Earlier in the Carnival, Pure Diamond was a late-running third to Polar River in her only dirt attempt. The daughter of Street Cry is crying out for a longer trip, and she may do better second time on the surface. On the other hand, her slashing, come-from-behind style appears better suited to turf. Trainer Saeed bin Suroor is also mulling an English classic trial, the May 11 Musidora (G3), and I’d vote for that.

But might the Godolphin brain trust reverse course for Comicas, a Distorted Humor colt who also has a UAE Derby entry? Now that trainer Charlie Appleby’s leading hope, Blue Creek, is sidelined by a pelvic fracture, the door is invitingly open for Comicas to switch to dirt.


Internationals bound for the UAE Derby include the Doug O’Neill-trained Frank Conversation and Japan’s Yu Change, On the Rocks, and possibly Lani. European prospects have yet to be confirmed, but Aidan O’Brien has nominated Air Vice Marshal and General Macarthur, while John Gosden’s Tathqeef is also prominent in the antepost market.


Muarrab has hinted that he’s got a big one in him, and the pieces fell into place in Super Saturday’s Mahab al Shimaal (G3). Flashing high speed along the golden rail, the Muhairi veteran never had a straw in his path as he streaked 5 1/4 lengths clear. He smashed Secret Circle’s track record of 1:10.64 set in last year’s Golden Shaheen (G1) when blitzing in 1:10.20. The comparison is facile, however, since this was achieved on a paved road. And Muarrab won’t be handed anything on a silver platter come March 26.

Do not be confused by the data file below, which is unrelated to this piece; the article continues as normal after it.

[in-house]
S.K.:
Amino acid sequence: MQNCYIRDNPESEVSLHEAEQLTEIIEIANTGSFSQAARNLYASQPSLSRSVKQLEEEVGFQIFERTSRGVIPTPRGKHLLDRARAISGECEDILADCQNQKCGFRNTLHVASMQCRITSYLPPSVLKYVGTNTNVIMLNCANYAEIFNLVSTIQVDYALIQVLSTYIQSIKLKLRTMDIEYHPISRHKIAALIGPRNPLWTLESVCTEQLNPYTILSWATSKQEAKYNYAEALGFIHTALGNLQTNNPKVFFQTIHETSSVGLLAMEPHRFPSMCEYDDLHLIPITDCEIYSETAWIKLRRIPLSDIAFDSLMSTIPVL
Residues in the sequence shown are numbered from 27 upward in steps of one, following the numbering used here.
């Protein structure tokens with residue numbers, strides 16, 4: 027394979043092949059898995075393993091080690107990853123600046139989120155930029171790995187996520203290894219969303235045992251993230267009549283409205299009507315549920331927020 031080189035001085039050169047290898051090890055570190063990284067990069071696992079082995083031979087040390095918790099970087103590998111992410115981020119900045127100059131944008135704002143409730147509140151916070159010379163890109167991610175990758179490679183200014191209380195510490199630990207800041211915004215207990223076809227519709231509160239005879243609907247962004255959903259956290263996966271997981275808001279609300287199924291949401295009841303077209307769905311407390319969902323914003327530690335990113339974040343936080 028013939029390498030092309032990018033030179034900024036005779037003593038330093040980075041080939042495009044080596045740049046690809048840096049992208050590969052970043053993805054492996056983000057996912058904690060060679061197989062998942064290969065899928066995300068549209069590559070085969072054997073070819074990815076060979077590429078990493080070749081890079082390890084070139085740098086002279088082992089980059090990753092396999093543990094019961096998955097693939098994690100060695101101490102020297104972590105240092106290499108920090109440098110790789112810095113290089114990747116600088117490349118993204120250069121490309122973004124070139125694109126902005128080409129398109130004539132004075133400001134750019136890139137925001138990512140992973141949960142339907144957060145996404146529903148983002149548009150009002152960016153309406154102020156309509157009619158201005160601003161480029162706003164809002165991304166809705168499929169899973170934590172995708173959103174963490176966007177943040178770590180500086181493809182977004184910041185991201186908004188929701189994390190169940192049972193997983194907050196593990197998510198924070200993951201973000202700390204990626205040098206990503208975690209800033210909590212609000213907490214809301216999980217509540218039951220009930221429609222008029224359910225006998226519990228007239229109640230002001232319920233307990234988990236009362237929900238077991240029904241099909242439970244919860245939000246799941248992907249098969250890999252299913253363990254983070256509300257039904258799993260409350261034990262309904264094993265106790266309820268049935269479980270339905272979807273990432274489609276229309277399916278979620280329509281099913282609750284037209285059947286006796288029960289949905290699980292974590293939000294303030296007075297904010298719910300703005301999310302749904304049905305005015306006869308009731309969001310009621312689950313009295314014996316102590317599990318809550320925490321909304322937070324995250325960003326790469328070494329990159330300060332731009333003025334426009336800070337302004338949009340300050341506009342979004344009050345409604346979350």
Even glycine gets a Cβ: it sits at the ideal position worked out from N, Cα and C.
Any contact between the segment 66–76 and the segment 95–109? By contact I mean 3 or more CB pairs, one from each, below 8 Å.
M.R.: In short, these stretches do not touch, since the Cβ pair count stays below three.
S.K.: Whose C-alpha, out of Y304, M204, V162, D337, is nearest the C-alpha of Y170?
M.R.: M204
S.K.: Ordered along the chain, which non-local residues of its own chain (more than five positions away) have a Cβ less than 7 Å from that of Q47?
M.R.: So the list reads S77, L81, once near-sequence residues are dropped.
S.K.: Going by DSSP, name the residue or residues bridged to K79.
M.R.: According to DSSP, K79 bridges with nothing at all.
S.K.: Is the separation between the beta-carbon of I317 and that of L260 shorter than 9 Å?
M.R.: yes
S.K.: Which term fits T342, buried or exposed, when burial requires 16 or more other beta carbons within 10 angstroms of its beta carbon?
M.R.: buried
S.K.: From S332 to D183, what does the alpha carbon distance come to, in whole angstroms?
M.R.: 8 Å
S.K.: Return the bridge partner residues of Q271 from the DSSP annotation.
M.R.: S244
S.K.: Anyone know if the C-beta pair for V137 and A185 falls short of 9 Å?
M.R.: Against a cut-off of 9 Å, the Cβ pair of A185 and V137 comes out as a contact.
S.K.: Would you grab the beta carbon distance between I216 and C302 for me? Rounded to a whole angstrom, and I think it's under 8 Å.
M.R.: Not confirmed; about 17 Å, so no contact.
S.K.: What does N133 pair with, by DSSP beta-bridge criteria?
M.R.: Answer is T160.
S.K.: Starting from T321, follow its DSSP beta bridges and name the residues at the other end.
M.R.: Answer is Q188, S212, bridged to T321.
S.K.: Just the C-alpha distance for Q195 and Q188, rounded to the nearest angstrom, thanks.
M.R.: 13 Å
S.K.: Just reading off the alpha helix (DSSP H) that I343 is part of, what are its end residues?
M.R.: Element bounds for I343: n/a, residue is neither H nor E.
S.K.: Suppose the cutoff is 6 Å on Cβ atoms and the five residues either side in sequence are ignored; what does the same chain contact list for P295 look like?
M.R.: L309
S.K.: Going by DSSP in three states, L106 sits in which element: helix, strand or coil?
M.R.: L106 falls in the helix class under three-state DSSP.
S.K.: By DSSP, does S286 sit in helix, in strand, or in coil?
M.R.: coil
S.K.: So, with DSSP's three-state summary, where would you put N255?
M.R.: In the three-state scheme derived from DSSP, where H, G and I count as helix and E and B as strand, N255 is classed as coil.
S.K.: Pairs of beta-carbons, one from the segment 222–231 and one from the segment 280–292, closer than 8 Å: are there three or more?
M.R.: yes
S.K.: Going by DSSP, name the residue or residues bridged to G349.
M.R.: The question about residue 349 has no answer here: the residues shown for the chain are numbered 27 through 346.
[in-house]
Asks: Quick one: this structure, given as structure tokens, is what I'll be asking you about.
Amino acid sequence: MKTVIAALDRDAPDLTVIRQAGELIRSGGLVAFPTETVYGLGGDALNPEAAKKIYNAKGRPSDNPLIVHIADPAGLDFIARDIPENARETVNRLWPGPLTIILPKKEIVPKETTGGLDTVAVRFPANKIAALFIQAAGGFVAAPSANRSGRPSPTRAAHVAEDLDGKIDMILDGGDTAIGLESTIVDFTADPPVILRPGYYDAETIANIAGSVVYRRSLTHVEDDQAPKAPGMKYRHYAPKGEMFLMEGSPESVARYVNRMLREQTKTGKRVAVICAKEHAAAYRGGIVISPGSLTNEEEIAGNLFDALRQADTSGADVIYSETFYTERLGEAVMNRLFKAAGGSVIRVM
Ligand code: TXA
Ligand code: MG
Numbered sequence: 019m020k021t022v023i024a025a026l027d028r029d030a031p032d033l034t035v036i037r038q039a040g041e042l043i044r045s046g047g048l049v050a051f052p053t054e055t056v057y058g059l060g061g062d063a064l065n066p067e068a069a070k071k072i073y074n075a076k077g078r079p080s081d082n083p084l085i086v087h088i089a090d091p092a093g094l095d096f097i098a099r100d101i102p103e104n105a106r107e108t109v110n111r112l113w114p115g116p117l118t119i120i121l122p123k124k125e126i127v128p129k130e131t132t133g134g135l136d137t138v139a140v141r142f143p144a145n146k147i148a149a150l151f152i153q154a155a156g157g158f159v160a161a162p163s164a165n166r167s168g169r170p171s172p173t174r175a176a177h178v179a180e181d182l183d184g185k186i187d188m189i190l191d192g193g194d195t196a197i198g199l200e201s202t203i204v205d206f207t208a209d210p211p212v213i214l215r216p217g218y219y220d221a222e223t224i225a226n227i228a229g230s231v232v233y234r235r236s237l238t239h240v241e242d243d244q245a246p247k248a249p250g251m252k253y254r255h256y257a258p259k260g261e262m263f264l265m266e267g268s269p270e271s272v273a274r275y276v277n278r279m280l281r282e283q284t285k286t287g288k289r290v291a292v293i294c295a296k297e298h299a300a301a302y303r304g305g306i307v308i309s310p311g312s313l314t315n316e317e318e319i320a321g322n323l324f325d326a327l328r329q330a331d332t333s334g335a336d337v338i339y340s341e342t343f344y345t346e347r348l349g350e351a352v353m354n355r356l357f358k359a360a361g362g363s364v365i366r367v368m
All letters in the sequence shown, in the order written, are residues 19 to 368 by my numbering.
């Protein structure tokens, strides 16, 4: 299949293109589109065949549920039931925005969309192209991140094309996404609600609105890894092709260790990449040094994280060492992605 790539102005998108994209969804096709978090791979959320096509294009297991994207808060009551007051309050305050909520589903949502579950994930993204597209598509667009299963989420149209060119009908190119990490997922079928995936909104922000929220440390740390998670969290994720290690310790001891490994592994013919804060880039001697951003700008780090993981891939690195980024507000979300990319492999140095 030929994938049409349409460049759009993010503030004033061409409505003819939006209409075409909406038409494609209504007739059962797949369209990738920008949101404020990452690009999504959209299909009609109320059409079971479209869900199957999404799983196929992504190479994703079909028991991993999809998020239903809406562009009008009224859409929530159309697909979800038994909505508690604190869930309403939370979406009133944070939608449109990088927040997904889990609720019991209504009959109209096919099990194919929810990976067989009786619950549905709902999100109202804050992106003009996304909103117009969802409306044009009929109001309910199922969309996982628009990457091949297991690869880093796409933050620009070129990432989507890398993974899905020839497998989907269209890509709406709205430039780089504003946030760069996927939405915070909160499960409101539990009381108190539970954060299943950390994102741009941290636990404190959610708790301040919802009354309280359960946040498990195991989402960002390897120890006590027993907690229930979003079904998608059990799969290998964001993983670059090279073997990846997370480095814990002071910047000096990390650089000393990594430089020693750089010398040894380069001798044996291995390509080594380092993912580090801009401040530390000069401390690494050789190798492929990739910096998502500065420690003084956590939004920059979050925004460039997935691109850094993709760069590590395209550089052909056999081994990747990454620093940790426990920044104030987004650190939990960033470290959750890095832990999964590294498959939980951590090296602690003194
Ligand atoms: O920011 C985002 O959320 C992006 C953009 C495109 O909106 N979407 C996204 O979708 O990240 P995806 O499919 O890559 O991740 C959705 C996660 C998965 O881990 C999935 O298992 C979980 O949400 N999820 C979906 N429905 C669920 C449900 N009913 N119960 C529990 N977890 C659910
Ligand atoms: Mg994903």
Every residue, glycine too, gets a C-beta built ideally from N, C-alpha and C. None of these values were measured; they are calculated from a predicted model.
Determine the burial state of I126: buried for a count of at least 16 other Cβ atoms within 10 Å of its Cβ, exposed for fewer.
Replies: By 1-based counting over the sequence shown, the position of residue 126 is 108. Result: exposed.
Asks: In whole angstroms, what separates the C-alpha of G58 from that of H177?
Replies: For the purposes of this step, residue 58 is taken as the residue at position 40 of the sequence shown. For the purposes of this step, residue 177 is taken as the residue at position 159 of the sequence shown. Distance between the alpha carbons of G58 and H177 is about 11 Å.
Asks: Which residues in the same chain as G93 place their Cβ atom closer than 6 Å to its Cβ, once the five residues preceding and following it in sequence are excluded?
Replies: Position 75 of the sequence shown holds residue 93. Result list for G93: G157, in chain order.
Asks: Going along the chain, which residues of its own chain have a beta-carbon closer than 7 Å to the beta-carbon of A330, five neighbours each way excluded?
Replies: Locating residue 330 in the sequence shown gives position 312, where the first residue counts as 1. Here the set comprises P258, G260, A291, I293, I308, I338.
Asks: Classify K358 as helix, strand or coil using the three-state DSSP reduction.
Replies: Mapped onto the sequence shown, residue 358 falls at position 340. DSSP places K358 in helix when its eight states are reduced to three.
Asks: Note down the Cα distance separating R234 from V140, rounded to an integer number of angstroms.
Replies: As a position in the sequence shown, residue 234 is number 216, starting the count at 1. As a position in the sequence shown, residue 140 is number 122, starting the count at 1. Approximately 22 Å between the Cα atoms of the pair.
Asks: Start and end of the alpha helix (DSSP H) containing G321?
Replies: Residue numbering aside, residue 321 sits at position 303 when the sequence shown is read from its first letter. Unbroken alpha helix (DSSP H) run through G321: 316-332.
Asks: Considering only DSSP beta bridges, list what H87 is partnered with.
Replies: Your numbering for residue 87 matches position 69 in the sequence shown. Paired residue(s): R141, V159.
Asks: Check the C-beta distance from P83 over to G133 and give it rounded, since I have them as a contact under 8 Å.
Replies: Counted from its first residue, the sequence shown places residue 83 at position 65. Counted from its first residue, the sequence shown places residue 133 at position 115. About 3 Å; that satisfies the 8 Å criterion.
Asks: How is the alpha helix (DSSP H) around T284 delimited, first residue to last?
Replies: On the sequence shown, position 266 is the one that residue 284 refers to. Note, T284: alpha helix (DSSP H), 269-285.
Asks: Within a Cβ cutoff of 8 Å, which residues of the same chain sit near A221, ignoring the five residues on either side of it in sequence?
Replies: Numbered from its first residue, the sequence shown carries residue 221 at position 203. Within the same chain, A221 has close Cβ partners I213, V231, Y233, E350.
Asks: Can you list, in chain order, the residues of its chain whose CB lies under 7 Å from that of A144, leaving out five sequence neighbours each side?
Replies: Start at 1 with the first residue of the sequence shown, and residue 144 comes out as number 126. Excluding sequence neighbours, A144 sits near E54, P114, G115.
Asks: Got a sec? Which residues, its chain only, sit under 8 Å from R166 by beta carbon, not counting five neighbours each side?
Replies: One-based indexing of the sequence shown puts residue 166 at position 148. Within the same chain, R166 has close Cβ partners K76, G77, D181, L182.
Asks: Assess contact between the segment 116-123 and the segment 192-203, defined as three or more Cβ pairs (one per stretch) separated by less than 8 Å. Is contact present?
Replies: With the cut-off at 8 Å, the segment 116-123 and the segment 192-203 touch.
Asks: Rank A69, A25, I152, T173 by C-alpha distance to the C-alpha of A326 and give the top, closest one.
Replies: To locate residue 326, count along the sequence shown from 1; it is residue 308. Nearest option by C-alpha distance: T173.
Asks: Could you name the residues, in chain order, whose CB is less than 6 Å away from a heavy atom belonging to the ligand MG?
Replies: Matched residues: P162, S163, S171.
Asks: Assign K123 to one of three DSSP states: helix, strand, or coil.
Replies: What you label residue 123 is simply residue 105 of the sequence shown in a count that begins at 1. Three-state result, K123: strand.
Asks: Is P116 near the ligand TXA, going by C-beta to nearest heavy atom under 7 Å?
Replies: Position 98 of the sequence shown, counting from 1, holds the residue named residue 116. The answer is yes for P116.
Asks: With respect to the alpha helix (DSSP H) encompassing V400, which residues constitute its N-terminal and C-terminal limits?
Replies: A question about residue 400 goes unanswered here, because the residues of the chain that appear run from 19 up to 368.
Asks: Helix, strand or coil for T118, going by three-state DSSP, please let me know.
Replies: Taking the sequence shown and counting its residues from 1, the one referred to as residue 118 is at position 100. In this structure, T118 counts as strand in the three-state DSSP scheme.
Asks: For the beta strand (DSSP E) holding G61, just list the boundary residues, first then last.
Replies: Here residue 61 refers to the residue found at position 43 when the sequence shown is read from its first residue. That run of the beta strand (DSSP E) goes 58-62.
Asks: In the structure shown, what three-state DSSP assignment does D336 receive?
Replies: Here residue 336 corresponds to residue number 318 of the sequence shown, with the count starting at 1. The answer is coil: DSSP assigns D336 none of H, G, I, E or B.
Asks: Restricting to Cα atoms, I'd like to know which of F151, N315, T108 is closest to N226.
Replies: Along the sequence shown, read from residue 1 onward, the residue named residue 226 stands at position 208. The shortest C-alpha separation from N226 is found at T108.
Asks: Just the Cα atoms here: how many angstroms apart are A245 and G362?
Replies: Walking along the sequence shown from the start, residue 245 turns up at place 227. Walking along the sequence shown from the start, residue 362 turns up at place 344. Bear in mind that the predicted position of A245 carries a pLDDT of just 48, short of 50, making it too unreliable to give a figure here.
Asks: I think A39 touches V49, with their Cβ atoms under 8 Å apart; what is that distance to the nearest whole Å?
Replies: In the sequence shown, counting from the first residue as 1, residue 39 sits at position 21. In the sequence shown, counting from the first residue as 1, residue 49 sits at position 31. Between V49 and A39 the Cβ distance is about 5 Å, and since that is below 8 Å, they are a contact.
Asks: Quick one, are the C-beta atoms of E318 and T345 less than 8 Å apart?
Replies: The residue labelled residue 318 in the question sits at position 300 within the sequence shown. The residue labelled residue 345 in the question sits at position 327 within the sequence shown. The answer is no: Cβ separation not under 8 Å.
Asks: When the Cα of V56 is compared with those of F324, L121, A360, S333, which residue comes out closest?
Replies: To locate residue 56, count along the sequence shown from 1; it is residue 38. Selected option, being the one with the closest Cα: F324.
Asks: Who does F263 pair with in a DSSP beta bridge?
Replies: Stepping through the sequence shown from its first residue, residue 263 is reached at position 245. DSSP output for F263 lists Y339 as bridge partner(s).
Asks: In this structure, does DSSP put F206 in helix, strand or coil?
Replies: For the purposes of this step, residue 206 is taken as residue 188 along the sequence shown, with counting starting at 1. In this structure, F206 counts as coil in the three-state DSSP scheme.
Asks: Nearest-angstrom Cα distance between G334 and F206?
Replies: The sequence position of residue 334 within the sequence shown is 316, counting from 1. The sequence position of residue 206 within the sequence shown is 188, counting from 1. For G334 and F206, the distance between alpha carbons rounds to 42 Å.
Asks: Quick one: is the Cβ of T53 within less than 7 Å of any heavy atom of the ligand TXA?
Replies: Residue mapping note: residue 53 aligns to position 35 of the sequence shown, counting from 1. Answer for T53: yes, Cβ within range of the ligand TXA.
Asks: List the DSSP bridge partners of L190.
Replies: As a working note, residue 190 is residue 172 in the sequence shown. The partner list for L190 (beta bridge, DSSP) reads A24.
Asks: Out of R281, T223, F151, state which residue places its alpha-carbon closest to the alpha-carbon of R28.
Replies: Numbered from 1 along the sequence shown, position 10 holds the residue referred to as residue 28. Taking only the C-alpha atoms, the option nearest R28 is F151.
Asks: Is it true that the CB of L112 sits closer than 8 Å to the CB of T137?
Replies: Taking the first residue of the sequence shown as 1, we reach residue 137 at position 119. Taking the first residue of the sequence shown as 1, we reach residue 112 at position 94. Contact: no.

Rich Tapestry was a lackluster third, regressing off his commanding victory over Muarrab in the Al Shindagha Sprint (G3). Trainer Michael Chang told the South China Morning Post that the globetrotter came back with “a lot of mucus.” After treatment with antibiotics, we’ll see if he’s in shape to advance to World Cup night. As I’d written in the preview, I wished he’d just trained up to the big night.


Complicating Muarrab’s task in the Golden Shaheen is the presence of a confirmed speedball in American X Y Jet. Add in a strong Hong Kong contingent beyond Rich Tapestry, led by 2015 near-misser Super Jockey, as well as 10-year-old Dubai stalwart Reynaldothewizard and his “nephew,” Marking.


Like Muarrab, Cool Cowboy was likely flattered by his 3 3/4-length wire job in the Burj Nahaar (G3) on Super Saturday, for he enjoyed a virtual carbon copy trip. Like Rich Tapestry, Le Bernardin seemed sapped by stalking on the leader’s outside, and flailed home a well-beaten third.


Cool Cowboy was a very logical and worthy winner on the day, and a legitimate contender in the Godolphin Mile (G2). But I have a couple of concerns about his win chances on World Cup night. Even on this quick surface, he couldn’t get too close to stablemate One Man Band’s track record of 1:35.68. It wouldn’t be a shock if jockey Pat Dobbs chooses to stick with One Man Band, the “other” Watson runner, on March 26.

Also waiting in the wings are Maftool, who edged Cool Cowboy in a recent handicap; Confrontation, who beat One Man Band in his debut for Kiaran McLaughlin in the Firebreak (G3); Hong Kong’s Dan Excel, who could theoretically find new life on dirt; and English shipper Sloane Avenue, an unlucky near-misser in last year’s Godolphin Mile.

The turf races follow in Vol. III